Perhaps you have seen a gymnast getting ready to compete and putting chalk on their hands and have wondered why gymnasts use chalk. While you might have some idea of why they do this, there is actually a lot more to gymnastics chalk than you might think.
The main reason gymnasts use chalk is to prevent their hands from slipping on the bar. There are two main reasons why this extra grip is needed, either one of which is cause enough to use it all on their own.
In order to prevent broken fingers and other injuries, gymnasts grip the bar with their thumbs facing the same way as the rest of their fingers. Doing this does affect their grip however, so chalk can be very useful in helping them have the grip they need.
The other reason is because nervousness can make a person’s hands sweaty when they are about to compete. The sweat on their hands makes their grip on the bar very slippery, but chalk can help keep their hands dry to prevent this.
But did you know that there are also different kinds of chalk and that it comes in different forms? Each of these work best for different things and has its own pros and cons. There are also different places where gymnasts use chalk at besides just their hands. There are even things that some professional gymnasts add to their chalk that sound rather strange at first.
Where Do Gymnasts Use Chalk?
While chalking their hands is perhaps the most common place to put chalk, there are a couple of other places where chalk is commonly applied before a gymnastics competition. Chalk can be used by gymnasts on their legs for certain routines where they need to grab their legs or thighs in particular.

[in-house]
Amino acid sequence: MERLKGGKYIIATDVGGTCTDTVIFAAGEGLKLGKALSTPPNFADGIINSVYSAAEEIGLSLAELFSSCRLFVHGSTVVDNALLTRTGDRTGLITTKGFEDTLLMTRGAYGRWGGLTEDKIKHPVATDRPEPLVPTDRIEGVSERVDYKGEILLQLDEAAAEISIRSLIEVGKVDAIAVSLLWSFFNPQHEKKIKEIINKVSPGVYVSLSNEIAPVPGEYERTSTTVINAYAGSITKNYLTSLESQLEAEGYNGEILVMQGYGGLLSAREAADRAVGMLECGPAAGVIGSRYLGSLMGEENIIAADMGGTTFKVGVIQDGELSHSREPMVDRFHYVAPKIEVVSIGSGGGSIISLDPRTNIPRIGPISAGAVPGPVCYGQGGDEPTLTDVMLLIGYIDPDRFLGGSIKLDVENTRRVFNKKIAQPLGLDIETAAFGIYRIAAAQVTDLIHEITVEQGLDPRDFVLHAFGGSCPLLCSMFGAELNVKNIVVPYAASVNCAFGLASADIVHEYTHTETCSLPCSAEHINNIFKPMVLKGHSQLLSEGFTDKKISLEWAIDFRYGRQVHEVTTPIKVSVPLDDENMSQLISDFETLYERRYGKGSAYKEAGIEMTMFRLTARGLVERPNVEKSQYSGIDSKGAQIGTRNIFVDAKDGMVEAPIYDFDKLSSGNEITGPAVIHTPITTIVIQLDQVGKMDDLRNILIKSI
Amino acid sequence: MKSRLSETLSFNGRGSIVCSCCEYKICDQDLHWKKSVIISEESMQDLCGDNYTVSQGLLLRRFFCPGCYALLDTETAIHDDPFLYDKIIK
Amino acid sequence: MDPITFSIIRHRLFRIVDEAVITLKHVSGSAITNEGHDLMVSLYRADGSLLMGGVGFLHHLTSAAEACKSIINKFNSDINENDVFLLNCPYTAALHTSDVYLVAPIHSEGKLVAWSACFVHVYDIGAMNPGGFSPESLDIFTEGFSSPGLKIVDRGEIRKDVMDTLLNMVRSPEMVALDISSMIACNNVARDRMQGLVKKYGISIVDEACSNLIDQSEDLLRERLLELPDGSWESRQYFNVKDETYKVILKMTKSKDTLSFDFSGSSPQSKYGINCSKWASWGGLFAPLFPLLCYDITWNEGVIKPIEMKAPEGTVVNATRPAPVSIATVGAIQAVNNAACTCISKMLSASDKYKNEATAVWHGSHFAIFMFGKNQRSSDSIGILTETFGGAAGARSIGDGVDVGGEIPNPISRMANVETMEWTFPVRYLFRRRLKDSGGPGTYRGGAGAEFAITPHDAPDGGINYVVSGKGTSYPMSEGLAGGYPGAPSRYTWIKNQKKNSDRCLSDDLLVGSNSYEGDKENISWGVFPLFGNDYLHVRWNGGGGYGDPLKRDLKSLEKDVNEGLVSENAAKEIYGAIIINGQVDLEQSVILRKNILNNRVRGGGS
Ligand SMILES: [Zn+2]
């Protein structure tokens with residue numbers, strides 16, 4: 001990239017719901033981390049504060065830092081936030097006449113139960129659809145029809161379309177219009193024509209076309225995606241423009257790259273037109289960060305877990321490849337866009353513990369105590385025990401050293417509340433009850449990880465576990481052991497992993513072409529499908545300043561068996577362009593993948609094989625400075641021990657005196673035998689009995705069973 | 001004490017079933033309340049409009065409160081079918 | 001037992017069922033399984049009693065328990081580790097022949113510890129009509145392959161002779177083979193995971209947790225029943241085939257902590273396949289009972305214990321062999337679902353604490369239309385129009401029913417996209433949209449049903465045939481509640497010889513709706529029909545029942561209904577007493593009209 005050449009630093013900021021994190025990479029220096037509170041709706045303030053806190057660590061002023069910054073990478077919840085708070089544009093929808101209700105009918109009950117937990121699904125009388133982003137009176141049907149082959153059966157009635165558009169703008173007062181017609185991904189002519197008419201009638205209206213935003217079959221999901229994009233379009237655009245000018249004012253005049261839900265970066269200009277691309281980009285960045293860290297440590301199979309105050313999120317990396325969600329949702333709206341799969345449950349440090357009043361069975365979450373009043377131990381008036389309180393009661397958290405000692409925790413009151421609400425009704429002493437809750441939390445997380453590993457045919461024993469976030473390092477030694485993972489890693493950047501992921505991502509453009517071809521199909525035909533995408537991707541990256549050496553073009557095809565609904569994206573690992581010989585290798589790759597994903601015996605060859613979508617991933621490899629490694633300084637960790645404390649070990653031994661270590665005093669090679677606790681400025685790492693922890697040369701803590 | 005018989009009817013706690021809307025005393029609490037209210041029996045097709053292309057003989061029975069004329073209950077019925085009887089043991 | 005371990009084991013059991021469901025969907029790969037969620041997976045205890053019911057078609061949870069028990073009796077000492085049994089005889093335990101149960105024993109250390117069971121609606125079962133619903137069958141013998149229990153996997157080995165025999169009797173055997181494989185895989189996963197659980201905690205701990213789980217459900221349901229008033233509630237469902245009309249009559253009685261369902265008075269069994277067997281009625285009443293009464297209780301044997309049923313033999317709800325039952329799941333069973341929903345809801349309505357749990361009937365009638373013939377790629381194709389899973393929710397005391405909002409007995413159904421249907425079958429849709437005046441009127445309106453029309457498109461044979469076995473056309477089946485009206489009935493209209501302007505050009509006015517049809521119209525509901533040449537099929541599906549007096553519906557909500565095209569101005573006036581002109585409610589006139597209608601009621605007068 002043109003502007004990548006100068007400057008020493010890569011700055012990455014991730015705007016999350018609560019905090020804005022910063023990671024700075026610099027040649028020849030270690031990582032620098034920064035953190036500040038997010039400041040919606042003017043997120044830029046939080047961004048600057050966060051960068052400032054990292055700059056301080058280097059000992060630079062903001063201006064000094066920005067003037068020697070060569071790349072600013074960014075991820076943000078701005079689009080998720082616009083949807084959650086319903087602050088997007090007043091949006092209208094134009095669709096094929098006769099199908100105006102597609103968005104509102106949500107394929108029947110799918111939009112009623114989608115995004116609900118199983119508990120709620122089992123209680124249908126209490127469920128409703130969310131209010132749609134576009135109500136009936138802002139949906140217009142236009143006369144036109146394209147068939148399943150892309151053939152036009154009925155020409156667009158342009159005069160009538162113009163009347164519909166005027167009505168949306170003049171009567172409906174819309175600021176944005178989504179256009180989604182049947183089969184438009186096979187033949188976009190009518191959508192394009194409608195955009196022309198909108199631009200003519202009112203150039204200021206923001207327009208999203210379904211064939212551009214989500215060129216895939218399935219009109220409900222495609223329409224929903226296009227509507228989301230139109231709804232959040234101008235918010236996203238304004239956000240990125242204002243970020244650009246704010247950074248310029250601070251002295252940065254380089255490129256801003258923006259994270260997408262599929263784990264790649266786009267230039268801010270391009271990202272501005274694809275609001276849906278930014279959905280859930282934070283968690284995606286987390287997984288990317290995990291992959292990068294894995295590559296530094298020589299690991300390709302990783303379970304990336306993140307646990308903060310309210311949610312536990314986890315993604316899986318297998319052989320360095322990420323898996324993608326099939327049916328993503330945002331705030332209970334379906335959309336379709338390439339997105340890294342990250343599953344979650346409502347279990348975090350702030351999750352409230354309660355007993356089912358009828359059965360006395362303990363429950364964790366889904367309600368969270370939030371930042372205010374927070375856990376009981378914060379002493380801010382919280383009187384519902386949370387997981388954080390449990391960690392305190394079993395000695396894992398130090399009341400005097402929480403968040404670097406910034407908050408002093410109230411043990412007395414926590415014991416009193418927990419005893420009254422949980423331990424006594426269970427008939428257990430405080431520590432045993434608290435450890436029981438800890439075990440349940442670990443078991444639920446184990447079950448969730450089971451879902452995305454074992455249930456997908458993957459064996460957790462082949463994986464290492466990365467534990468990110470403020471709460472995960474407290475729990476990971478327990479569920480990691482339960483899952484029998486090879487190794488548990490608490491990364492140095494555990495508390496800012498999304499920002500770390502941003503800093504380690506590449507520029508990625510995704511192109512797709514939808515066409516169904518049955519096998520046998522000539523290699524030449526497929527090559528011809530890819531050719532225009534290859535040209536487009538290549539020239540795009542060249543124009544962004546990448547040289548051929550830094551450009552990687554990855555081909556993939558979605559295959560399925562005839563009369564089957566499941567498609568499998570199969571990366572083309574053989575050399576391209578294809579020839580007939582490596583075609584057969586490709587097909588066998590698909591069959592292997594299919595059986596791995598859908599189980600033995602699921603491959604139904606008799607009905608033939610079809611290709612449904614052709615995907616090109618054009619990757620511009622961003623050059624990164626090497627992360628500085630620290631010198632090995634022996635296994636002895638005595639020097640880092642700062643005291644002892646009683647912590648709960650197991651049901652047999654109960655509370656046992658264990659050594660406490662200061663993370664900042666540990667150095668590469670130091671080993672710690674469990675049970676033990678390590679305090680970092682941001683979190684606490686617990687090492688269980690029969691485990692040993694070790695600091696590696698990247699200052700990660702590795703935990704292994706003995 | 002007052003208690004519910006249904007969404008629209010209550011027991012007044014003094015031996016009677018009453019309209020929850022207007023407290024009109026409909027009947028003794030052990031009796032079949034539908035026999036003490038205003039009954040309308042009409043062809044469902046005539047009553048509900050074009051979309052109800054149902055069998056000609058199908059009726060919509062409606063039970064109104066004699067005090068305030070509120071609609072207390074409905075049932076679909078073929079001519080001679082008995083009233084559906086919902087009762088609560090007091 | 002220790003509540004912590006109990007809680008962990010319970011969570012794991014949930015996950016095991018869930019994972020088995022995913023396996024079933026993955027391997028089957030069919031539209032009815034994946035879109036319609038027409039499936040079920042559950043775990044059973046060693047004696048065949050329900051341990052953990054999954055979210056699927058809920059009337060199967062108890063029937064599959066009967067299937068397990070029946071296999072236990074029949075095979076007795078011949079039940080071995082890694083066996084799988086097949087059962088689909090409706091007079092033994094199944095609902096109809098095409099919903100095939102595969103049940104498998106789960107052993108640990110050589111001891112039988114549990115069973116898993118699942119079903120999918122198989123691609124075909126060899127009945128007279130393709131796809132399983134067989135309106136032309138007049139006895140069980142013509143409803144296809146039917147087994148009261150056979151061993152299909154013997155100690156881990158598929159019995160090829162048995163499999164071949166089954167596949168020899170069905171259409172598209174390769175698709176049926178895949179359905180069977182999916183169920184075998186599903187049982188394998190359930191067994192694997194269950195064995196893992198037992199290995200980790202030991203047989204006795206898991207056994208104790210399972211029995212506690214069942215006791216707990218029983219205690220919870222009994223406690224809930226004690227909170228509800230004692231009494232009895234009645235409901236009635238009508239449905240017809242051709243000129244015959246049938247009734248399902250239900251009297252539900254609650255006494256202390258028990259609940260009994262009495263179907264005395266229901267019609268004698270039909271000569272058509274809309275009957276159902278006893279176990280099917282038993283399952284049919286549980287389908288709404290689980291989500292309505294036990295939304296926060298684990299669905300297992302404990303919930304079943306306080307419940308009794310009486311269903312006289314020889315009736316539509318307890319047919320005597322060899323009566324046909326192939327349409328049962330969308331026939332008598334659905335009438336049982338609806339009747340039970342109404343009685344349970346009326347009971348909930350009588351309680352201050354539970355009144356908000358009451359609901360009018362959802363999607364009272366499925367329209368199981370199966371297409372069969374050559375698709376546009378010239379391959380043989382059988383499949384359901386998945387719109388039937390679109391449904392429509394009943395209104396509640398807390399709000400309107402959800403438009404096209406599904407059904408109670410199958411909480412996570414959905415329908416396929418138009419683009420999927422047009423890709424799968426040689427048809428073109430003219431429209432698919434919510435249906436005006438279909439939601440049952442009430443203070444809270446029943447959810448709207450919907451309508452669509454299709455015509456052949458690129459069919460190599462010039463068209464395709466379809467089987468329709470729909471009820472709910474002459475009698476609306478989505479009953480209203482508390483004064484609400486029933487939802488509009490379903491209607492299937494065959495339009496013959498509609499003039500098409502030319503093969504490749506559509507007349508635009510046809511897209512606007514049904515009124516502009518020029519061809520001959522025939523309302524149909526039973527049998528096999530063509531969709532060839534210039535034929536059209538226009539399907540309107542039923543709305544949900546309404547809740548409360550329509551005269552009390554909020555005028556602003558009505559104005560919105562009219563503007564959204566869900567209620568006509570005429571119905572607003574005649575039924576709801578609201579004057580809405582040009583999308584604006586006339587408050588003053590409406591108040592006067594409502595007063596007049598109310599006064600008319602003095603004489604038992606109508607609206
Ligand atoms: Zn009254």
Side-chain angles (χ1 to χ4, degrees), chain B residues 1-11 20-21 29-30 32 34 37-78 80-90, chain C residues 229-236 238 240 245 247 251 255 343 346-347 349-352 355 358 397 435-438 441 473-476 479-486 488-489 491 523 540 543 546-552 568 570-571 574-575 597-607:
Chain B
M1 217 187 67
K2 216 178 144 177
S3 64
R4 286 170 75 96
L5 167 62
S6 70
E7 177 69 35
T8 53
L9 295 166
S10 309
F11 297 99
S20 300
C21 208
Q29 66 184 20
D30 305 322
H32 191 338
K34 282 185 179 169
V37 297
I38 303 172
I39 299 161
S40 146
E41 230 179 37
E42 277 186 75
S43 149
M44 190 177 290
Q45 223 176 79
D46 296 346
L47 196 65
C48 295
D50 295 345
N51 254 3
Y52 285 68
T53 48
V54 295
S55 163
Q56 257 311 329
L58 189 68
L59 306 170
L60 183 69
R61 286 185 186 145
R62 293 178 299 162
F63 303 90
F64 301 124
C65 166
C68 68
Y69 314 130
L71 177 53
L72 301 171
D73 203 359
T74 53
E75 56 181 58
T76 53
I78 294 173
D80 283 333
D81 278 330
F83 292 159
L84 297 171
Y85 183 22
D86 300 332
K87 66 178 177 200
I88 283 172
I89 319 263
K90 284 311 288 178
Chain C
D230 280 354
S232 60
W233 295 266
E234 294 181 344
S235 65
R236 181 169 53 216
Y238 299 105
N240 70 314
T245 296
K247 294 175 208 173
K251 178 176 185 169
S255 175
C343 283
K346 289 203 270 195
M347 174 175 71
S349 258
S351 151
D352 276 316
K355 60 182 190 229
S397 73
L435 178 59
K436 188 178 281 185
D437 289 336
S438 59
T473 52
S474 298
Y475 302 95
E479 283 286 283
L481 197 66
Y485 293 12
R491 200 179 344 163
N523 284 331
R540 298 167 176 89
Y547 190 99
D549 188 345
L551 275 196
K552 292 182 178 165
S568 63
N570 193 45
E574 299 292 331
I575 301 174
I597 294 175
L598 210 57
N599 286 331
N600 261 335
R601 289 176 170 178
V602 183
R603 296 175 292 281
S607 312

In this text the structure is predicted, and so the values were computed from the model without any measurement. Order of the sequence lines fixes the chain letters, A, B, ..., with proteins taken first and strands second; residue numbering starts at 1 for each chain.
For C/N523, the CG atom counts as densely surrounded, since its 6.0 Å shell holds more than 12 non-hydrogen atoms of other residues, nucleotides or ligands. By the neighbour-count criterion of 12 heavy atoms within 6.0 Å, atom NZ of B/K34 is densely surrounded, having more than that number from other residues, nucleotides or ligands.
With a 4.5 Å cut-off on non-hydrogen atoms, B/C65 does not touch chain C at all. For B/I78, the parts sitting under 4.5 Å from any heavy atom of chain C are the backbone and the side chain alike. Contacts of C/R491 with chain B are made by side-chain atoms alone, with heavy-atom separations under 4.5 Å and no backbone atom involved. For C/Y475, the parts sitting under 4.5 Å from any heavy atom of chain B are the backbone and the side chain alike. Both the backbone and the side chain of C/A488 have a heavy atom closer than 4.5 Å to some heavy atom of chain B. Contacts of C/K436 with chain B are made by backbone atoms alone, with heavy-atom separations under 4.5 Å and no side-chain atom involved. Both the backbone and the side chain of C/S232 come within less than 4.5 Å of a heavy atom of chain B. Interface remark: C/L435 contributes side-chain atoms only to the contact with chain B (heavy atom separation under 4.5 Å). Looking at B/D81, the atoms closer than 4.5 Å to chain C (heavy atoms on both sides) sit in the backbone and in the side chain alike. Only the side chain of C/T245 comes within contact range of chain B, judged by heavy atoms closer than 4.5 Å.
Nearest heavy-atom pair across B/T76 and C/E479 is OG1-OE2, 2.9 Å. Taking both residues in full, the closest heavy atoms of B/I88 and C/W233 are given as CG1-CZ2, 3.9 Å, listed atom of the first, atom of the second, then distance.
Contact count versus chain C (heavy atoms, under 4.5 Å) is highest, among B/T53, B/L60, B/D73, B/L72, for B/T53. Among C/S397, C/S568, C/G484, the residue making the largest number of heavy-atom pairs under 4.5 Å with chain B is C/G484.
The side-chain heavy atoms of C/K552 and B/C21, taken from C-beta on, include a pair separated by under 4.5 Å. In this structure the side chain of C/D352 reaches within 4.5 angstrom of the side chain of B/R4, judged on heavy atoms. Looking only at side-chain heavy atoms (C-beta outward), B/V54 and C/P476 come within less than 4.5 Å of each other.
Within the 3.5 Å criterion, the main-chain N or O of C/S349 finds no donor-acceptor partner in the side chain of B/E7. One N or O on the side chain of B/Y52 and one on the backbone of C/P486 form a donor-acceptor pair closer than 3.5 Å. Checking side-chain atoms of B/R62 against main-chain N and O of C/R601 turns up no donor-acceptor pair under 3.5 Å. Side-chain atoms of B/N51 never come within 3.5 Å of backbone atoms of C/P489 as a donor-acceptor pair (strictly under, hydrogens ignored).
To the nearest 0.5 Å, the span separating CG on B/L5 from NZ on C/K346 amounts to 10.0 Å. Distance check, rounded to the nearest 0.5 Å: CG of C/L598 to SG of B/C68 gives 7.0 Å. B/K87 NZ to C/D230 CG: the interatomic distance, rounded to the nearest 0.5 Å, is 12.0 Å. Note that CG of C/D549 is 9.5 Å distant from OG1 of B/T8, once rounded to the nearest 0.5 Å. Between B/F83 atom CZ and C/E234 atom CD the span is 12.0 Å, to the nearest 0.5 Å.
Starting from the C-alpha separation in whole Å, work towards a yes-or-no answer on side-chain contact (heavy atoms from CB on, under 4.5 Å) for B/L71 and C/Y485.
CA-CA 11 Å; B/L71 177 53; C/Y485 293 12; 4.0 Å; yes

This is usually when they know they will be doing rotations and want to make sure that they can stay nice and tight without slipping. It is also so that they do not end up rubbing all of the chalk off of their hands by grabbing their legs when they might need it on their hands still later on in the same routine.
Another place that is sometimes chalked is a gymnast’s feet. This can help their feet, and their toes in particular, have a good grip on the balance beam while the gymnast is doing their routine there.
While it is perfectly acceptable to use chalk on your hands, legs, feet, or anywhere else on your person where you feel it is needed, there is one place you are not allowed to apply it. It is against the rules to apply chalk to the bars, beams, or other equipment you will be using. You can only apply it to yourself.
Different Forms Of Gymnastic Chalk
Most chalk that is used for gymnastics is made from a naturally occurring white powder that is called Magnesium Carbonate. This is essentially a form of inorganic salt and it comes in three different forms for gymnastics: liquid, powder, and a block that looks like a bar of soap.
Most people experiment with these different forms when they are first learning gymnastics. They find one kind that they like best for whatever reason and then they stick with that one kind.
After you get used to using the one kind that you like best it can be really hard to get used to any of the others, so most professional gymnasts always take their chalk with them. They do this even though you can often get some at the place where the competition is being held since most gyms keep some on hand.